Structural Commentary

Structural Commentary – Ode to a Nightingale, John Keats

In class, we discussed and analyzed “Ode to a Nightingale” by John Keats (1819). Unfortunately, time only allowed us to barely skim the surface of the poem, so I thought I’d try my hand at analyzing it myself. Bear with me, since I’m still trying to get the hang of this whole poetry blogging thing!

The full text of the poem can be found here on the Poetry Foundation website, and I’ll be quoting it as relevant parts come up in analysis.

Rhyme Scheme & Shape

One of the first things I always look at when diving into a poem is how it is structured. The piece is broken up into nine stanzas with 10 lines each, following an ABABCDECDE rhyme scheme. Below is the first stanza with annotations.

Line Rhyme Scheme
My heart aches, and a drowsy numbness pains A
         My sense, as though of hemlock I had drunk, B
Or emptied some dull opiate to the drains A
         One minute past, and Lethe-wards had sunk: B
‘Tis not through envy of thy happy lot, C
         But being too happy in thine happiness,— D
                That thou, light-winged Dryad of the trees E
                        In some melodious plot C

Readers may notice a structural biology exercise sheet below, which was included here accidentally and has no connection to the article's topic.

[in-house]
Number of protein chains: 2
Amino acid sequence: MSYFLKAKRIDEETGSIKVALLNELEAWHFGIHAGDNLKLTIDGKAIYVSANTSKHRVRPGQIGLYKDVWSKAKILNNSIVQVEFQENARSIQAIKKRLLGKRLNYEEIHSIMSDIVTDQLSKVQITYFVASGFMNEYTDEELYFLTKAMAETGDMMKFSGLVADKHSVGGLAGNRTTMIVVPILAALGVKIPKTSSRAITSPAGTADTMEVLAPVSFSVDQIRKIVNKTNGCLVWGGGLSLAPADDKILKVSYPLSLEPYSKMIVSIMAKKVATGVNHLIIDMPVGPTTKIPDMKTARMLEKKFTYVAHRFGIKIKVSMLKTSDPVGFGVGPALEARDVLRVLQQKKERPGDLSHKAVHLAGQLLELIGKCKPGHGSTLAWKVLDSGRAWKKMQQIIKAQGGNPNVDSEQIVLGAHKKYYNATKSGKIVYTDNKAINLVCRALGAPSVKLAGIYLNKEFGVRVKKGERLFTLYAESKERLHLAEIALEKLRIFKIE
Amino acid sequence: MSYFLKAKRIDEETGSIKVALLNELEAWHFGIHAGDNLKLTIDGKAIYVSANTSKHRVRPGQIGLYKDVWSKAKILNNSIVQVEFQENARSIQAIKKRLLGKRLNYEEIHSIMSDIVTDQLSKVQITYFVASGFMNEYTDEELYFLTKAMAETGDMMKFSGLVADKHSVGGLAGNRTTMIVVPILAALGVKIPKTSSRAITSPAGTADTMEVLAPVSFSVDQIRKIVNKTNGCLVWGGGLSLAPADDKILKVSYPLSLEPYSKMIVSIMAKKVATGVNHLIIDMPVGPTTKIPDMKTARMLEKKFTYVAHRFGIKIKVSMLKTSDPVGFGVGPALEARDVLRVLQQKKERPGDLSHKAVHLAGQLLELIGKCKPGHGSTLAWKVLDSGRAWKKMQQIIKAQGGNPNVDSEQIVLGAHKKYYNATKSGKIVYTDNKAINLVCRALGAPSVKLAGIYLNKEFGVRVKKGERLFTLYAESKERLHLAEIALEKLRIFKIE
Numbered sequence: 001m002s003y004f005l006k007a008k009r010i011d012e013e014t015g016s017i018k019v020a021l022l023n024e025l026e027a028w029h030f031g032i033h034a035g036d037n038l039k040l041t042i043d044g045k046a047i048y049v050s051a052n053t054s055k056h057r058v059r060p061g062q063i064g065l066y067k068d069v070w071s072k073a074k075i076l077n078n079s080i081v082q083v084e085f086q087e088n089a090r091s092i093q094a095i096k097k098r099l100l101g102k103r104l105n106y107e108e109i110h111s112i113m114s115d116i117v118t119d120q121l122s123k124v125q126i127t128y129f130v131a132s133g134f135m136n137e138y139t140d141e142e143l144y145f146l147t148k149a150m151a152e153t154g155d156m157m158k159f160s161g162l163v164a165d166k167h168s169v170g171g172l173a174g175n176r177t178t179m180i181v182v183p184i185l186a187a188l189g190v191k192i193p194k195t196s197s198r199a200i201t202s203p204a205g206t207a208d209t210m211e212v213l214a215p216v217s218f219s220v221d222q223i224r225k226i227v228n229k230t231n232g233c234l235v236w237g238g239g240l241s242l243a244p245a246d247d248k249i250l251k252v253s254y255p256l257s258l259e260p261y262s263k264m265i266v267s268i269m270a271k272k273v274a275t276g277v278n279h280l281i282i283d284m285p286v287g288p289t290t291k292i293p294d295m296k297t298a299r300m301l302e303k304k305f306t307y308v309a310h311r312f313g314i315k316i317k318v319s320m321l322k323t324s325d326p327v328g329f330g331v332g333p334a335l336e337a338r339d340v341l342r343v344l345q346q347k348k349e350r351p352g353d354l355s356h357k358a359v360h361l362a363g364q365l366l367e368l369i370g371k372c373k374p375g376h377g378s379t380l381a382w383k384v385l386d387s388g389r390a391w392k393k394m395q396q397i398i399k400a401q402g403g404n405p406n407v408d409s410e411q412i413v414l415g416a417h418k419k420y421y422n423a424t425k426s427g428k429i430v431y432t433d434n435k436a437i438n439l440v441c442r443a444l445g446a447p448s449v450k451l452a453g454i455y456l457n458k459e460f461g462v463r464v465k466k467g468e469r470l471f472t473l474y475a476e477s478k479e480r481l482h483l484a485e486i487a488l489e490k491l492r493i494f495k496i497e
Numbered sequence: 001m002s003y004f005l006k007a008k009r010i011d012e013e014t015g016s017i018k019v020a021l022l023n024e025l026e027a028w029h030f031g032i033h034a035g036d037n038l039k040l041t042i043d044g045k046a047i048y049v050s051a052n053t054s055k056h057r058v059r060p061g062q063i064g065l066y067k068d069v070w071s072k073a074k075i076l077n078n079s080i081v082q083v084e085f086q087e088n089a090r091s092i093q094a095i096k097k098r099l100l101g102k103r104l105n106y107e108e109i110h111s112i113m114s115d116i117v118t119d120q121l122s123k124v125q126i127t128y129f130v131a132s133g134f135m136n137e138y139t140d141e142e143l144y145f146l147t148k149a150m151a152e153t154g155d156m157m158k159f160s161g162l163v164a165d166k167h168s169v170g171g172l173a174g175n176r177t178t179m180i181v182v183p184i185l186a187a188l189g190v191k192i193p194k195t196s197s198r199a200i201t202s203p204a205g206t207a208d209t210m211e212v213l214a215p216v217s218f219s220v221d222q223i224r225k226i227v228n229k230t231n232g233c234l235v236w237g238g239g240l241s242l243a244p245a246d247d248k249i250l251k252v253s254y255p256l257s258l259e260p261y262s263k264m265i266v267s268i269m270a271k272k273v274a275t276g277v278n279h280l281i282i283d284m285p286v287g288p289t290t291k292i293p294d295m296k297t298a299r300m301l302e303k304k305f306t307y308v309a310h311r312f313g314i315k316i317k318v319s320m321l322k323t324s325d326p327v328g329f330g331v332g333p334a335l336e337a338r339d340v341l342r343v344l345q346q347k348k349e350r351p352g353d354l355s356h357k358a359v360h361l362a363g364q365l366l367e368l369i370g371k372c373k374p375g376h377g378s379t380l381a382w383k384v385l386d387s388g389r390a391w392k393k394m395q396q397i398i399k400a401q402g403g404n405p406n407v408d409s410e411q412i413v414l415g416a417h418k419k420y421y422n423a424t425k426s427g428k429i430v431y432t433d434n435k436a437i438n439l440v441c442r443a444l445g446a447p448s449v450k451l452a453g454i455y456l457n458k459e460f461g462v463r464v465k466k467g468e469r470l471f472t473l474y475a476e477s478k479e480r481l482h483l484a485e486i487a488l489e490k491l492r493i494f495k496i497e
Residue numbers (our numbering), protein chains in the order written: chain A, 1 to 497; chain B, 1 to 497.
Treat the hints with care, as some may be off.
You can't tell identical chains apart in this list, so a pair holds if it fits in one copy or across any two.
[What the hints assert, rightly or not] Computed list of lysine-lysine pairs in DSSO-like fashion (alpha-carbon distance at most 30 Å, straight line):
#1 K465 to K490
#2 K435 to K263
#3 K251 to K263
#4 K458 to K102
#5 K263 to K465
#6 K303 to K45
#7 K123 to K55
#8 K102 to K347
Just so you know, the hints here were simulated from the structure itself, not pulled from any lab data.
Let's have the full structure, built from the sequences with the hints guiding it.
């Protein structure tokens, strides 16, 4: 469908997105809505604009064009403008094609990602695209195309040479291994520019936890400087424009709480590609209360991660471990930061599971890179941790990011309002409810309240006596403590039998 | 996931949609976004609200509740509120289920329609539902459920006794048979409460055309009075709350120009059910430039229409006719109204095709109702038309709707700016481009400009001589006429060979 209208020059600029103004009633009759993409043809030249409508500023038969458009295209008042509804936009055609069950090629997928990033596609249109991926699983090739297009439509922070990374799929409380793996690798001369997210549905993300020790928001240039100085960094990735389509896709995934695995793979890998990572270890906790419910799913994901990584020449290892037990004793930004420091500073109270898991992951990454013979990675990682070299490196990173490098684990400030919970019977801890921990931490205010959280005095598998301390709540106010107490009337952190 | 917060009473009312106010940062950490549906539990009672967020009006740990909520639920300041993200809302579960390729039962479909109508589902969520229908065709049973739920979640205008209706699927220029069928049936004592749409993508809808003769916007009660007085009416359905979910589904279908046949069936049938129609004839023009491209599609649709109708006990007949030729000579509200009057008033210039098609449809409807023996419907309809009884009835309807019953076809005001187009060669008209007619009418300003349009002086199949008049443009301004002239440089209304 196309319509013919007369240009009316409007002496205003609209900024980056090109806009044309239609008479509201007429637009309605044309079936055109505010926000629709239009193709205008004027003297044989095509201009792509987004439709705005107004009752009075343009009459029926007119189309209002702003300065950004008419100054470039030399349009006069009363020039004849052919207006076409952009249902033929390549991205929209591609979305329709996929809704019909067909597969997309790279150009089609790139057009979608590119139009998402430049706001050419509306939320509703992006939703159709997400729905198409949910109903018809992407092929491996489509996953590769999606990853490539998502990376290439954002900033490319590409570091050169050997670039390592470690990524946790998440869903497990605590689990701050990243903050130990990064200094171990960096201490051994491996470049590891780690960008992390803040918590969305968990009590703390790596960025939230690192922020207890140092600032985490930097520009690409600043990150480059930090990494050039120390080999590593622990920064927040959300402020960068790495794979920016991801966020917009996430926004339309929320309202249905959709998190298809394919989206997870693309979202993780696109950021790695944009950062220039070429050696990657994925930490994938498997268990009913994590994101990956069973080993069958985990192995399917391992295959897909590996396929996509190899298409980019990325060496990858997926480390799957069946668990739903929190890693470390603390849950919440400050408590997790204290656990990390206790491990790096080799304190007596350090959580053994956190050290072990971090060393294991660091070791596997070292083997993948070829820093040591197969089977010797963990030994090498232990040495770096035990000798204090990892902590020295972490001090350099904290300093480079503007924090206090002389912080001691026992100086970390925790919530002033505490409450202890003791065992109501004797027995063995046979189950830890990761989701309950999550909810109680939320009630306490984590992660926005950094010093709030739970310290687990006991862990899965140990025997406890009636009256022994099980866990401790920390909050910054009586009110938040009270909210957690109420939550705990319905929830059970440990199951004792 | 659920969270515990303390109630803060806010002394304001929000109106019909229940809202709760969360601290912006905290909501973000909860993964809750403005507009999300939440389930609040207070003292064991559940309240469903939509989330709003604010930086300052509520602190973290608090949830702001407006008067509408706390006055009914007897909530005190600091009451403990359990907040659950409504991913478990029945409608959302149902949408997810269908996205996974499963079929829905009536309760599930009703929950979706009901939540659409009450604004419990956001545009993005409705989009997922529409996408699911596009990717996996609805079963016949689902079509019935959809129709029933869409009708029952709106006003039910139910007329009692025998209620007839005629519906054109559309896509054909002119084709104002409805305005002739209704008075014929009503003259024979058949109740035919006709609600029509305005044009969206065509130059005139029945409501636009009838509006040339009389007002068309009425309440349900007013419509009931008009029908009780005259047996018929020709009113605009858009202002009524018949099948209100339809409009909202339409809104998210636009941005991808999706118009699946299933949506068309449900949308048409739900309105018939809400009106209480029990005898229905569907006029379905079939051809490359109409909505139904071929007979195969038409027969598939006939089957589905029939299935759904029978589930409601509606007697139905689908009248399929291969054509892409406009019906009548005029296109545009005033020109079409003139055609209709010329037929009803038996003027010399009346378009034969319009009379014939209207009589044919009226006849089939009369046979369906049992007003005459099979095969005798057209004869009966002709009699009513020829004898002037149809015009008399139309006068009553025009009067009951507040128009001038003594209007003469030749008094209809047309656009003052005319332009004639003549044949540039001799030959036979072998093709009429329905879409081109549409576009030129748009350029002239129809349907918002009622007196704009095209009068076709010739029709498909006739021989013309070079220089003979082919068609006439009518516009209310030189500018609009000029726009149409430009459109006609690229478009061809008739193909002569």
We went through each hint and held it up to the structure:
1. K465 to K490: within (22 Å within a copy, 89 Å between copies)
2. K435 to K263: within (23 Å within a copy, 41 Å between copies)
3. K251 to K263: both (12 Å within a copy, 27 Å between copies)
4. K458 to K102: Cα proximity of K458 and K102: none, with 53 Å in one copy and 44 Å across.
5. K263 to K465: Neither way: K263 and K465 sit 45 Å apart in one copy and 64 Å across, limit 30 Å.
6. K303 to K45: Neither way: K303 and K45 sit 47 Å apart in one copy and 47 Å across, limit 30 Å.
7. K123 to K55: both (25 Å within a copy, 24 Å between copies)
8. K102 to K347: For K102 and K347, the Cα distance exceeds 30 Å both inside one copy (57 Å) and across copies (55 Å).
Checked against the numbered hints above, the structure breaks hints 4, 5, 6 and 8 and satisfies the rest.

Of beechen green, and shadows numberless, D
                Singest of summer in full-throated ease. E

In each stanza, there are two voltas: one after the fourth like and one after the seventh.

Here, we see that all B lines are indented once. Then, after the first volta we have a sort of stair-step shape form. I mean, unless you’re reading this post on mobile or on a small window, in which case the formatting probably got goofy. I had to manually input the HTML for that thing, so it was a pain in the butt to include, so I apologize if it’s being weird.

Anyway, so much of the art of poetry includes the visual shape of the poem, and Keats does a lovely job of having that consistency.

Syllable Count

The syllable count is roughly regular, with most lines being between nine and eleven syllables, the average being ten. The only exception to this is that, in each stanza, the eighth line is five or six syllables, giving the sections breath.

There is an iambic meter to the entire work, so it reads very naturally.

This post is the first in a series commenting on the structure of poetry. Interpretation and analysis for this poem is coming soon.

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